• Inherited controls: components which are fully delivered by AWS and as a result are secured by them (example, compute, storage, database and networking functions of AWS)
  • Shared controls
  • Customer specific infrastructure: (apps you deploy to AWS)

The good news is, for inherited controls, you can rely on AWS to supply the security of the cloud itself (and things such as physical access to servers, power availability, and other infrastructure components obviously are “taken care of” by AWS). As you move down the list, more and more security tasks fall onto customers as you focus on apps and configurations that are specific to your unique circumstances running on the AWS platform. At this level, you need to be planning how to manage the security of your instances, including user access controls (IAM), managing patches in your operating systems, which firewall ports are open/closed in your instances, and more.

Help is Here: Detecting State of Systems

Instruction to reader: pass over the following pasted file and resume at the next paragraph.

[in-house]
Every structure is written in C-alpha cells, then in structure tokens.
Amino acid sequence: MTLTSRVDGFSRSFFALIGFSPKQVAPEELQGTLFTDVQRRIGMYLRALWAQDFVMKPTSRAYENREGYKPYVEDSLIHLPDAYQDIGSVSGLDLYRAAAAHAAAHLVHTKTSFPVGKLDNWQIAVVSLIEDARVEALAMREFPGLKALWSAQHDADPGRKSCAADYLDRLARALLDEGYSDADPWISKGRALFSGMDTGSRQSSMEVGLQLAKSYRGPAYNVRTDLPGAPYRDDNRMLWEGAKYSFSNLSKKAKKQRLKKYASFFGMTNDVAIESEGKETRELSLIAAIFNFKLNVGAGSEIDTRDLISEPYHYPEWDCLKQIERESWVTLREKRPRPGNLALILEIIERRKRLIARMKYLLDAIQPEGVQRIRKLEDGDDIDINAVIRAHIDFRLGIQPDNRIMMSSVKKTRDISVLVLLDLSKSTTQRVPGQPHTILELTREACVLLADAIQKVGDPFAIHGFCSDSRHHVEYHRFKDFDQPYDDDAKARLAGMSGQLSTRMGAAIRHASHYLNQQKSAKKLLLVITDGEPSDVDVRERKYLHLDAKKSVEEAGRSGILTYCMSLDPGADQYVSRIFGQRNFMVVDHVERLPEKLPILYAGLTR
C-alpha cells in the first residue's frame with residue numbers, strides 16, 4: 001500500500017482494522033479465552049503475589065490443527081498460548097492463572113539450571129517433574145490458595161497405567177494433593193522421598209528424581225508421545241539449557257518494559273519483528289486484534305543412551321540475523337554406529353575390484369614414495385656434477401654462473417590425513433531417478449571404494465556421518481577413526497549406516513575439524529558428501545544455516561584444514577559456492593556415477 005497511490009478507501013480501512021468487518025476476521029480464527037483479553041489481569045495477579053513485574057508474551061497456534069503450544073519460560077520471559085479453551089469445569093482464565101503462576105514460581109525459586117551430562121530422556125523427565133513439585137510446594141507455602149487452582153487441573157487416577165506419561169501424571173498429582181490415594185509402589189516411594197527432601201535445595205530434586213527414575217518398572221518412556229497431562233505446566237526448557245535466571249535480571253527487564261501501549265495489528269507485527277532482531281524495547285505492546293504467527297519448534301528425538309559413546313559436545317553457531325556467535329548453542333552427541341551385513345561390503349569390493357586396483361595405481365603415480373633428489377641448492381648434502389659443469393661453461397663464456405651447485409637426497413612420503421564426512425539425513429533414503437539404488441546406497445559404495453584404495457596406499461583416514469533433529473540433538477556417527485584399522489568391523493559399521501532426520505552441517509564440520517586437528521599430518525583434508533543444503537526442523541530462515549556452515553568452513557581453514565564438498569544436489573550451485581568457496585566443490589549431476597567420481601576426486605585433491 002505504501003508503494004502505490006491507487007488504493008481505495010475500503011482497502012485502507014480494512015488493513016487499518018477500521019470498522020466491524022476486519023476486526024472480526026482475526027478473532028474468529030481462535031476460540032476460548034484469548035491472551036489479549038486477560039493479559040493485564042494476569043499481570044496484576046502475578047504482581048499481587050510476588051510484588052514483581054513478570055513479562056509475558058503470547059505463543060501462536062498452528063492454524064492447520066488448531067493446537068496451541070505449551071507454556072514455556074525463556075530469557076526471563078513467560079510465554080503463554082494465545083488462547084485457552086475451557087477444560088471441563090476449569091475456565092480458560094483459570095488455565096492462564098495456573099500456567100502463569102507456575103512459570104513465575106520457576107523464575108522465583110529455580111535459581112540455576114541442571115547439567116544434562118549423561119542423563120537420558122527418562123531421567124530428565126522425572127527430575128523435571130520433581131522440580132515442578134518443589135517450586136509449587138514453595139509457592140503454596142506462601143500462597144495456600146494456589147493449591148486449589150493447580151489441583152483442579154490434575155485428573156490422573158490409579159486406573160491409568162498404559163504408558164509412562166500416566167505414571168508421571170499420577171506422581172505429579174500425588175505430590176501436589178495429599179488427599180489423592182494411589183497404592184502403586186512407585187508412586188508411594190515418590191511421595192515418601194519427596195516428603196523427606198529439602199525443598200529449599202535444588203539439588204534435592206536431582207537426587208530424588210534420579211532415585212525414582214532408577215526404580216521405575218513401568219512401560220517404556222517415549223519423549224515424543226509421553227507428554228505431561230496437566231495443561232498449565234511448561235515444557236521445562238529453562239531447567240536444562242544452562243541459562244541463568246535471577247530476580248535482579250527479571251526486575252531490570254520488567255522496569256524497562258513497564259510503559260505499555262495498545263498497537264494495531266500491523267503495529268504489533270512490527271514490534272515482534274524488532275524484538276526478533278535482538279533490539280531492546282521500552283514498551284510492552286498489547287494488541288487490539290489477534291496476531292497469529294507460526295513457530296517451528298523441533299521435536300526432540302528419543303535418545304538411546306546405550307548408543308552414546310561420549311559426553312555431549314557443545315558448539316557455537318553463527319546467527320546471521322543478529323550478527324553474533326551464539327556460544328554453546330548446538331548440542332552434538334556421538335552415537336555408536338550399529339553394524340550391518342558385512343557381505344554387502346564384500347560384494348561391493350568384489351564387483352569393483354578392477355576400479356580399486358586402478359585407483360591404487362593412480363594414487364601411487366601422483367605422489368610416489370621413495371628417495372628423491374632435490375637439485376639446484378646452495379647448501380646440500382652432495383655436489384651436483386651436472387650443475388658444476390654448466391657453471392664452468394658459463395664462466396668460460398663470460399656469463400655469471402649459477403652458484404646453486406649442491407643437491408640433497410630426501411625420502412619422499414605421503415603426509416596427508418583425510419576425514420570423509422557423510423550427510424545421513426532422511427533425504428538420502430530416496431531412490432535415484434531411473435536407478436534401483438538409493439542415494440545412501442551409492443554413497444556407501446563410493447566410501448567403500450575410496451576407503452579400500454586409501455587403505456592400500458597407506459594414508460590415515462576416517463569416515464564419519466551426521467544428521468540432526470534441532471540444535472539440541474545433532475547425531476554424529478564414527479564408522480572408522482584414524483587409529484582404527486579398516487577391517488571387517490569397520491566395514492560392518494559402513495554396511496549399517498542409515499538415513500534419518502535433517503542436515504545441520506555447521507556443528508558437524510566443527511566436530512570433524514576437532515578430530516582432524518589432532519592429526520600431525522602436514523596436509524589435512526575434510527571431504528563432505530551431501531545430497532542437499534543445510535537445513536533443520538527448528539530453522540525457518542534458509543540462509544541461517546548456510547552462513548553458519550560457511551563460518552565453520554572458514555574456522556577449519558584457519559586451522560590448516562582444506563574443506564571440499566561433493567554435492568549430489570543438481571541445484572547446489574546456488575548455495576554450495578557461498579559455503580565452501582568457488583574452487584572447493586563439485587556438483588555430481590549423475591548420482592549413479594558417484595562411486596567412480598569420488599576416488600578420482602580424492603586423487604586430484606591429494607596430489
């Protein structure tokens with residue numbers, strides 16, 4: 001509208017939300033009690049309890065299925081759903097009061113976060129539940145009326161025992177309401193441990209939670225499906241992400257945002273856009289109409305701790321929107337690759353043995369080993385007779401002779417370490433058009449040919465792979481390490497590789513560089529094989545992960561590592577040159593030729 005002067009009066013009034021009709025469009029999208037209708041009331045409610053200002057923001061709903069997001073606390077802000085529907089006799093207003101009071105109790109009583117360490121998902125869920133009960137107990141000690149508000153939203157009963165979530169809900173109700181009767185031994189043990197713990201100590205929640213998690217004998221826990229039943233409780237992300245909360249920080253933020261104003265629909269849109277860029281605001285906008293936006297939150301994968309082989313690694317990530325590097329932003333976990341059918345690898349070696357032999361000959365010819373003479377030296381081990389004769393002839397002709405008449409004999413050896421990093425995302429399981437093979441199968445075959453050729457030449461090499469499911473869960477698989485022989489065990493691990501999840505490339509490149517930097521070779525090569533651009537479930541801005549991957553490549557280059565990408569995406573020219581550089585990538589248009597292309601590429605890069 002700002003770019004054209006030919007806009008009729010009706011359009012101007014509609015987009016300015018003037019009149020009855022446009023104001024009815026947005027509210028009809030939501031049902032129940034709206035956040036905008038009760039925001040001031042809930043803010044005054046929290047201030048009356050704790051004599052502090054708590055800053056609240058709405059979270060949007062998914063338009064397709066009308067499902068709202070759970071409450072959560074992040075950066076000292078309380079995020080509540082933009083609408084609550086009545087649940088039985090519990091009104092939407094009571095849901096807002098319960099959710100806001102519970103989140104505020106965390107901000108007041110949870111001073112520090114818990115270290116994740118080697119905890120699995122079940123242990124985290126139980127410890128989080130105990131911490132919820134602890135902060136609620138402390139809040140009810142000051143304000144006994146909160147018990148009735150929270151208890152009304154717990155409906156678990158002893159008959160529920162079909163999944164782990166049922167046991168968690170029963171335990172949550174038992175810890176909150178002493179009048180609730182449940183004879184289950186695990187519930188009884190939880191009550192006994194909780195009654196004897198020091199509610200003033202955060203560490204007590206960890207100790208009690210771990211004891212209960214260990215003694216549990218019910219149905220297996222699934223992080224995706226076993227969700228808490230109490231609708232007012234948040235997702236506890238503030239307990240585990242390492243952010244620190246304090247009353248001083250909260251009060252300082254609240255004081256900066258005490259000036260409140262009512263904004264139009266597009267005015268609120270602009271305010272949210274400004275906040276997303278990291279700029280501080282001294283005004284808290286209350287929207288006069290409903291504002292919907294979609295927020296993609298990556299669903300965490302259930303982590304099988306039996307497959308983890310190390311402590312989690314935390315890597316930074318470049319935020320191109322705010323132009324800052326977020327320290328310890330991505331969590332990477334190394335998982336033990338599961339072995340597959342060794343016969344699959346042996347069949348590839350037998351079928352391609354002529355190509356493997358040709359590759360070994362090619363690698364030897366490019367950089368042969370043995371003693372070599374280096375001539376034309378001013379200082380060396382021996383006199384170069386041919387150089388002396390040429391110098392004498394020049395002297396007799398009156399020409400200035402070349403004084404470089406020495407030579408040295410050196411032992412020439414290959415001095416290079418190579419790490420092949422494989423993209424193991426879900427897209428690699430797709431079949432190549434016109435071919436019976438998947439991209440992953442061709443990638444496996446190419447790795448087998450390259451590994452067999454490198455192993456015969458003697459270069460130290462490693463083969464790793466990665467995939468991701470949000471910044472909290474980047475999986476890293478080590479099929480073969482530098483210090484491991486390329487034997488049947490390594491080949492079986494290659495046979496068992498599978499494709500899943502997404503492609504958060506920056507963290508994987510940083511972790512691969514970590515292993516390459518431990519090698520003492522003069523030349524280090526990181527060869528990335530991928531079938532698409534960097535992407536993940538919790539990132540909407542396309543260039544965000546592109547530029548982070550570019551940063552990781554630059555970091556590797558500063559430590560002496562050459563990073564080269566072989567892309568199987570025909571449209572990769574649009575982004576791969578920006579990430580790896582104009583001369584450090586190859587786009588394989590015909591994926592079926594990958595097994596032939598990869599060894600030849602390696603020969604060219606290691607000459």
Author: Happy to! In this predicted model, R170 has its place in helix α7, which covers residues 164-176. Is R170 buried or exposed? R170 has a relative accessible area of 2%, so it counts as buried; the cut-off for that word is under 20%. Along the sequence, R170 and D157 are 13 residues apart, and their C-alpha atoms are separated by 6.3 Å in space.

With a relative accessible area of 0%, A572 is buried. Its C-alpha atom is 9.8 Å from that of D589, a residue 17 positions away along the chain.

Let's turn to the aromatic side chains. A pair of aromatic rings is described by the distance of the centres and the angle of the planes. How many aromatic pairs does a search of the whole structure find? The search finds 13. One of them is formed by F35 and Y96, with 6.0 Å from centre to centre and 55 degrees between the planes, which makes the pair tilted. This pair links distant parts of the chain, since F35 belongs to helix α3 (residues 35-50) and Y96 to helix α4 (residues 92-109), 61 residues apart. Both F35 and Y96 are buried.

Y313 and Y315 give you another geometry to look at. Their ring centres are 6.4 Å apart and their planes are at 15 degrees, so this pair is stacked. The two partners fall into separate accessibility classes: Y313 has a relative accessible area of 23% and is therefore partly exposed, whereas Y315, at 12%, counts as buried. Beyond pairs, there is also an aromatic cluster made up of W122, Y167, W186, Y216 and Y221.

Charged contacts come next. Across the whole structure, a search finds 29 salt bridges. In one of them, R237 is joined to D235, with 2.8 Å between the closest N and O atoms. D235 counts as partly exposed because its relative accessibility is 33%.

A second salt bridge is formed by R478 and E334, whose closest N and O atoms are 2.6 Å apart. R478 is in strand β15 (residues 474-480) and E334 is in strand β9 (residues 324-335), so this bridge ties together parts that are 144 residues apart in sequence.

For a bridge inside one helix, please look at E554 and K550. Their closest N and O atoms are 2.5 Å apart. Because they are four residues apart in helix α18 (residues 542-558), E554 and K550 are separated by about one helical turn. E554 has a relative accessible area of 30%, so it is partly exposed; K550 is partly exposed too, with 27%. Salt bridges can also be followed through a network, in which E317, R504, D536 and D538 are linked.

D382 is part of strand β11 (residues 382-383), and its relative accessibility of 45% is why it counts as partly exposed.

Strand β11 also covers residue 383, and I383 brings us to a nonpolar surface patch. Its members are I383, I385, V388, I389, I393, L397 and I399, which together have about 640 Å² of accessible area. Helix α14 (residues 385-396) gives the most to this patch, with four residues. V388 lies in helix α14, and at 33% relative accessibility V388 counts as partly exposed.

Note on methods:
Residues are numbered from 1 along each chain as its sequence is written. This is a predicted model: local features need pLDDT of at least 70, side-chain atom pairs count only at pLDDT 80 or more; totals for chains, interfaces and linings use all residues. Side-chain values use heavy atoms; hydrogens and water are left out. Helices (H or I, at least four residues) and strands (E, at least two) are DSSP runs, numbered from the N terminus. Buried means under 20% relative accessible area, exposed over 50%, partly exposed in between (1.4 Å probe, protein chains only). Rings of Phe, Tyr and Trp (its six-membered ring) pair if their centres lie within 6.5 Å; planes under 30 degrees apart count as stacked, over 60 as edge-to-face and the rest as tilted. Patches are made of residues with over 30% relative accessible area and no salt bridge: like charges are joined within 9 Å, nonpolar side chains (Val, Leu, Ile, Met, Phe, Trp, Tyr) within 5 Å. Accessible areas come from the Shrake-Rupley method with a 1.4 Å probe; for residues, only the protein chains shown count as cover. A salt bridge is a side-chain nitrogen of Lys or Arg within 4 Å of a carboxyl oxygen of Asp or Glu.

As you develop a strategy for managing your role in the AWS Shared Responsibility Model, consider how Chef Automate can help you automate the ongoing management of compliance and system state in your instances by providing a means to detect and correct security issues in your systems in a programmatic, repeatable fashion. Chef provides tools to define and validate security requirements and application configurations (InSpec) and to apply configuration changes and remediate detected issues (Chef), both of which have integrations with the provisioning tools provided by AWS to allow the creation, configuration and validation of new instances all in one step. With Chef Automate, you can track and manage your full cloud estate from one place, with a fully filterable and searchable history of all audits and changes that have been performed by Chef. For AWS, Chef Automate is available as a “do it yourself” offering for existing customers running on EC2 or your own systems, through the AWS Marketplace, as well as through OpsWorks for Chef Automate, a managed service offered by AWS.